Amazing wintertime views from Eldorado. Peaks you can see include Logan, Goode, Forbidden, Boston, Torment, Sahale, the peaks of the Ptarmigan Traverse, Glacier Peak, and much much more. (Click on image for labeled panorama.)
Topo map and route line showing the Eldorado Creek route (photo taken in July 2009 from summit of Mixup Peak).
Road and trailhead:
Access is by Cascade River Road at Marblemount, WA off of Washington Highway 20. Turn in and park at the large car-park and gate at Milepost 20. This is the trailhead for the Eldorado Creek Approach to Eldorado Peak, elev 2160 ft or so.
Route to high camp:
There is a pretty good trail. But it starts on the opposite (north) side of Cascade River, directly across from the parking lot. Often, there is a log crossing about 300 meters downstream from the parking lot. Otherwise, you might have to wade. The start of the trail on the other side is marked by at a large sign. Soon the path turns steeply uphill and the fun starts. 6700ft to go!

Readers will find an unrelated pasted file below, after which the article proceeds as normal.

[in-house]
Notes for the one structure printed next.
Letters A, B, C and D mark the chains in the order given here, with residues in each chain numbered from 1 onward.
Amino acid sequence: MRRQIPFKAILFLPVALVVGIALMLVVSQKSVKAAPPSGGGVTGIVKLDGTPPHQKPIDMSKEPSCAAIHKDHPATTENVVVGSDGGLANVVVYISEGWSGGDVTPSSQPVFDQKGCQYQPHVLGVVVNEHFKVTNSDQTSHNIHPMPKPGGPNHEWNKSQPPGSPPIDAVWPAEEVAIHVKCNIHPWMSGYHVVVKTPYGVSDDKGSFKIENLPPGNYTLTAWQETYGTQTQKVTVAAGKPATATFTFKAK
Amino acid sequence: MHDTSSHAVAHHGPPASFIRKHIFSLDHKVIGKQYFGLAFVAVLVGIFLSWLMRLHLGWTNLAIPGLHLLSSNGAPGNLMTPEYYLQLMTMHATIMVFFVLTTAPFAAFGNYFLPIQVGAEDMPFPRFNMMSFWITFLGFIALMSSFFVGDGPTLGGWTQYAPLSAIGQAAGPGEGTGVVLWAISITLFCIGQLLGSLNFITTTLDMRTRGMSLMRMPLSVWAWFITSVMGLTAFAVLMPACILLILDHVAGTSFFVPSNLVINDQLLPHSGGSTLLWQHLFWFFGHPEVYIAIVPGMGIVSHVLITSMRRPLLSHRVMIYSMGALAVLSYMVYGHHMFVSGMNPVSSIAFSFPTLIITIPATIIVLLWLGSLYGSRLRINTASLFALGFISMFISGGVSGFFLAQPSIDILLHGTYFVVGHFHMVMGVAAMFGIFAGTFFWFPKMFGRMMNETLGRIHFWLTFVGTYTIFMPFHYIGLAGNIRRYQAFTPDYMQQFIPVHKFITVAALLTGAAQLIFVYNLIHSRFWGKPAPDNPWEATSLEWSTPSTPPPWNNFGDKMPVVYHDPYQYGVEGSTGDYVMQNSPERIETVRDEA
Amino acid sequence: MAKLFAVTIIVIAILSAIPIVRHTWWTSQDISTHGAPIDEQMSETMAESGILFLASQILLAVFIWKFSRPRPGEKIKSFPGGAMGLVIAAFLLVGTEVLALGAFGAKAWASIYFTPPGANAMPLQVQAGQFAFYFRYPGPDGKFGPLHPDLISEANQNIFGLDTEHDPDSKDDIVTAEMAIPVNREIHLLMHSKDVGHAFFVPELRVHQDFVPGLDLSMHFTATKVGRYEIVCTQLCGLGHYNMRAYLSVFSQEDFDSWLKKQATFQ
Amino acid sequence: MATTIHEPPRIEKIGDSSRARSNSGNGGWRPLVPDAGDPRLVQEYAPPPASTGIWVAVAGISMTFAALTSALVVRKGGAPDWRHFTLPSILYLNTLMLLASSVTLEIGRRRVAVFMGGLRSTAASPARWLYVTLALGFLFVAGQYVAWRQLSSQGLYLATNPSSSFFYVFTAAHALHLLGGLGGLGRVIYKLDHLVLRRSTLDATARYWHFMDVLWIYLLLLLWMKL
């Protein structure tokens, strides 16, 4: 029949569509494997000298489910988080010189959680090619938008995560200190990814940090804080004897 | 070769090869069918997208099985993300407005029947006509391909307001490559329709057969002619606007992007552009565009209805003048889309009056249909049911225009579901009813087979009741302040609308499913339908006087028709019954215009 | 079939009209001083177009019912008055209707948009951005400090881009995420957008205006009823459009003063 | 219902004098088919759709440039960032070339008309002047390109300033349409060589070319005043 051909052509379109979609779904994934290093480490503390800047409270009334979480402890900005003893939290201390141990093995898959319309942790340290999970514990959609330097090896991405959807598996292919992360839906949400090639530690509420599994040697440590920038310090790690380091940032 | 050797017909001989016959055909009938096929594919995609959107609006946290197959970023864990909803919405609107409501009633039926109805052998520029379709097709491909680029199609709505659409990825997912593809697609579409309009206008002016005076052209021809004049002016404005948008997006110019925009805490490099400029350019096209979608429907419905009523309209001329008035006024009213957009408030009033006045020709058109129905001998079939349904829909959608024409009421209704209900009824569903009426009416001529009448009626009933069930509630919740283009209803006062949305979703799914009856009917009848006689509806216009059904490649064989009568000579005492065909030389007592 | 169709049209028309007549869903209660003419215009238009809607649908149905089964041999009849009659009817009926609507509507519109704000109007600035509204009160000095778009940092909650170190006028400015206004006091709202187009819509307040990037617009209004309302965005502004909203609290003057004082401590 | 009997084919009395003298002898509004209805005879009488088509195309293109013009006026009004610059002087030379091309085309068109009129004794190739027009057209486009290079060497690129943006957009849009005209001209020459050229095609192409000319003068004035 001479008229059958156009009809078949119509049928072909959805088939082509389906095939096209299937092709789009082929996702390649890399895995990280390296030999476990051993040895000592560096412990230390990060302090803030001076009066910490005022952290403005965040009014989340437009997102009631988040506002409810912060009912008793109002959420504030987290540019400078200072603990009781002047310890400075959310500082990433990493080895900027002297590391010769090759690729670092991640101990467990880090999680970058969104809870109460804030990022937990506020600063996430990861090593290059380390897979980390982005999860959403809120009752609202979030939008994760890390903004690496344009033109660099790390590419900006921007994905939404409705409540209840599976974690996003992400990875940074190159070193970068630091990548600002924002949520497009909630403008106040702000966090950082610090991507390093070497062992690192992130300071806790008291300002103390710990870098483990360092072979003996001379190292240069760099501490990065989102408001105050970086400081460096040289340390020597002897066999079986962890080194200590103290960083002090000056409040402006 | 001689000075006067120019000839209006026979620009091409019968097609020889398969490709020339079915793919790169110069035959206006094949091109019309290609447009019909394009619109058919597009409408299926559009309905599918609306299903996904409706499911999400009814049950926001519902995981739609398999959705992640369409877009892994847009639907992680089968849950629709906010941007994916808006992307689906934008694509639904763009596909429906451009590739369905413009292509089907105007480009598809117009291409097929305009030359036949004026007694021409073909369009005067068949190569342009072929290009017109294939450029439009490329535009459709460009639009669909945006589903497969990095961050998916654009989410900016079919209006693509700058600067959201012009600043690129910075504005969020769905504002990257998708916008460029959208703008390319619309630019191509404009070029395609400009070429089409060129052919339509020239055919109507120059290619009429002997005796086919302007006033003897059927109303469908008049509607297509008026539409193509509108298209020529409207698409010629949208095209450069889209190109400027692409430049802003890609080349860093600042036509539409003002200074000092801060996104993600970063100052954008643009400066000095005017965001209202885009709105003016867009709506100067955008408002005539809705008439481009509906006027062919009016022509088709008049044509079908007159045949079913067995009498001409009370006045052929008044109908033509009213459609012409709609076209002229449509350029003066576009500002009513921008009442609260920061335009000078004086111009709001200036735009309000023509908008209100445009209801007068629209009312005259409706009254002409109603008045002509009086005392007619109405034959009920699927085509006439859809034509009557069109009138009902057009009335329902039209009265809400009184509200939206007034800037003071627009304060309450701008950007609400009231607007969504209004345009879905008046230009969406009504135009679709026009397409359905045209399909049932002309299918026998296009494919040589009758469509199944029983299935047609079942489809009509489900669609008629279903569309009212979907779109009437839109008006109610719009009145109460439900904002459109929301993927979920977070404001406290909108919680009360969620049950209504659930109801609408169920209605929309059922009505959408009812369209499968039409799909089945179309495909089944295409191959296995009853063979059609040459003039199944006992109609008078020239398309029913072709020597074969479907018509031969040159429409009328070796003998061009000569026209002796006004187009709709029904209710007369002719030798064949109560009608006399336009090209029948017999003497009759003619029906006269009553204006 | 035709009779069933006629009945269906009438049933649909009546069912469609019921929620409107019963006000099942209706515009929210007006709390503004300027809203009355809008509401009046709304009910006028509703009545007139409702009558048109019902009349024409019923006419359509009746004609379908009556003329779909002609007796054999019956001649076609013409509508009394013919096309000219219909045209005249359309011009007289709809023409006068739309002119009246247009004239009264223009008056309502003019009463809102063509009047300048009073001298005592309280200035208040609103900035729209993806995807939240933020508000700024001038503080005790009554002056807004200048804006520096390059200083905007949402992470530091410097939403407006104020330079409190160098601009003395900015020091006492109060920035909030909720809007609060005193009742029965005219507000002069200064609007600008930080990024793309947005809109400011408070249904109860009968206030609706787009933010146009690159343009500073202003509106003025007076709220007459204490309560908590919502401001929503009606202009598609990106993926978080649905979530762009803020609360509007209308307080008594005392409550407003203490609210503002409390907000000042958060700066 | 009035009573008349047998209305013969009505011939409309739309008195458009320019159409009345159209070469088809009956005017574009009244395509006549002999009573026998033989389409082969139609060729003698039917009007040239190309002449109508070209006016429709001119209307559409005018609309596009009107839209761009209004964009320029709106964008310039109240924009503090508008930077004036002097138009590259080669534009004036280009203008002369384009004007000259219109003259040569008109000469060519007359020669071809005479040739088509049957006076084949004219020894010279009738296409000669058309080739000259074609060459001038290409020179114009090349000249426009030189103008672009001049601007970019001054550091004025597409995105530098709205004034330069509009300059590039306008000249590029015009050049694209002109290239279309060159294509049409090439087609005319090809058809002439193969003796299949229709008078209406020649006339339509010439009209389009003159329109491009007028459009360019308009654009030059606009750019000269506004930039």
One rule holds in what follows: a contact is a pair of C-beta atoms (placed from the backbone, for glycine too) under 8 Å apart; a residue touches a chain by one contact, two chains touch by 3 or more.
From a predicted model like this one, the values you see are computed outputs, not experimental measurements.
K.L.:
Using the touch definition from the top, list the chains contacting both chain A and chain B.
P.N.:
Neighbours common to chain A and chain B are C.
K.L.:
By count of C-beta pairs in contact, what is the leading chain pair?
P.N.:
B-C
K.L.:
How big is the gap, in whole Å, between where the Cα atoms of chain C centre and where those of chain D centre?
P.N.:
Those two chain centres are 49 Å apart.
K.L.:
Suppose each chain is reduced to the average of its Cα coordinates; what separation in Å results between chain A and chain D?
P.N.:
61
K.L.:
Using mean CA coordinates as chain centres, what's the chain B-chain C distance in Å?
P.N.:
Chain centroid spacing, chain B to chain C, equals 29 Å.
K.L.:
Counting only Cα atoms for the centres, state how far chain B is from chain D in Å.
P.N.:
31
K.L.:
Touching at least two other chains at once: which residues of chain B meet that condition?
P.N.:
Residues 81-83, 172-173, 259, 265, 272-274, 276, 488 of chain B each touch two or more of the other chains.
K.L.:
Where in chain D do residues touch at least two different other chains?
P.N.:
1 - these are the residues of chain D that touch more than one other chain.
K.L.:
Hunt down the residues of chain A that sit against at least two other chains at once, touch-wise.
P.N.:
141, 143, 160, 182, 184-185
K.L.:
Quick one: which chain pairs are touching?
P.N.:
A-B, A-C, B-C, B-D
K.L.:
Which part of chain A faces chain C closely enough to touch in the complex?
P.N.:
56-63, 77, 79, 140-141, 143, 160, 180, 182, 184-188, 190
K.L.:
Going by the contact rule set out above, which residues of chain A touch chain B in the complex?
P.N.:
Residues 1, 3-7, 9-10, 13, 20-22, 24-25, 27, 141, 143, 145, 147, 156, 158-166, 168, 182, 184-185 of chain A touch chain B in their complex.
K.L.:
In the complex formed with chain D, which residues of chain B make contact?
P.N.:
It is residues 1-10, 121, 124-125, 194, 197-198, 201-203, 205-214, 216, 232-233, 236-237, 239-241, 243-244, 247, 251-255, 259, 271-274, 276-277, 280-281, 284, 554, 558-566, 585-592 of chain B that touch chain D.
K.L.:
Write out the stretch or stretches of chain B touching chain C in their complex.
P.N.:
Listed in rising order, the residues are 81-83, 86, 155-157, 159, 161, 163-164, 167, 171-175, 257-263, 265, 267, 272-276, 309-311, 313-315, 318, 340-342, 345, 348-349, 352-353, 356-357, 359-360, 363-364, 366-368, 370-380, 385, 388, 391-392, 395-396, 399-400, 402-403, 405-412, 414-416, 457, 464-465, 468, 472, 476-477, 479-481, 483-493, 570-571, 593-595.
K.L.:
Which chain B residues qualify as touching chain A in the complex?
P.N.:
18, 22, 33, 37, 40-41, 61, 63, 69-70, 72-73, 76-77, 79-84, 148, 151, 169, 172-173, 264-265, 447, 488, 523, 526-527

At 4000ft or so, you'll find a talus field (blissfully snowcovered in the winter). This field connects to a second larger field traversing up and right beneath a large and imposing granite arm (which turns into the Roush Creek - Eldorado Creek Ridge). Head up to small waterfalls at 5000ft and a steep muddy trail leads through the falls to something of an opening at 5400ft. Camp at 5400 ft or continue upwards. Continue up heather and rock slabs (or snow in early season or winter) until able to climb that same ridge around 6000ft or so. At 6150ft - where the ridge steepens - descend left into a class 3 gully into Roush Basin. The gully is marked by a large boulder just below the ridge crest. Do not descend the wrong gully - a number look promising - because they are down-slabby and nasty compared to the RIGHT one. Once in Roush Basin, head towards the SE edge of the Eldorado Glacier. Snow slopes lead to a large flat saddle at 7500ft. There are good bivy sites here, or at a rock island at 7800ft at the base of Eldorado's East Ridge. Pitch a tent, melt some water, and cook some grub. You have finally arrived, 7-10 hours from the parking lot. Masochists find this approach to be one of the highlights of the North Cascades! Always worth it!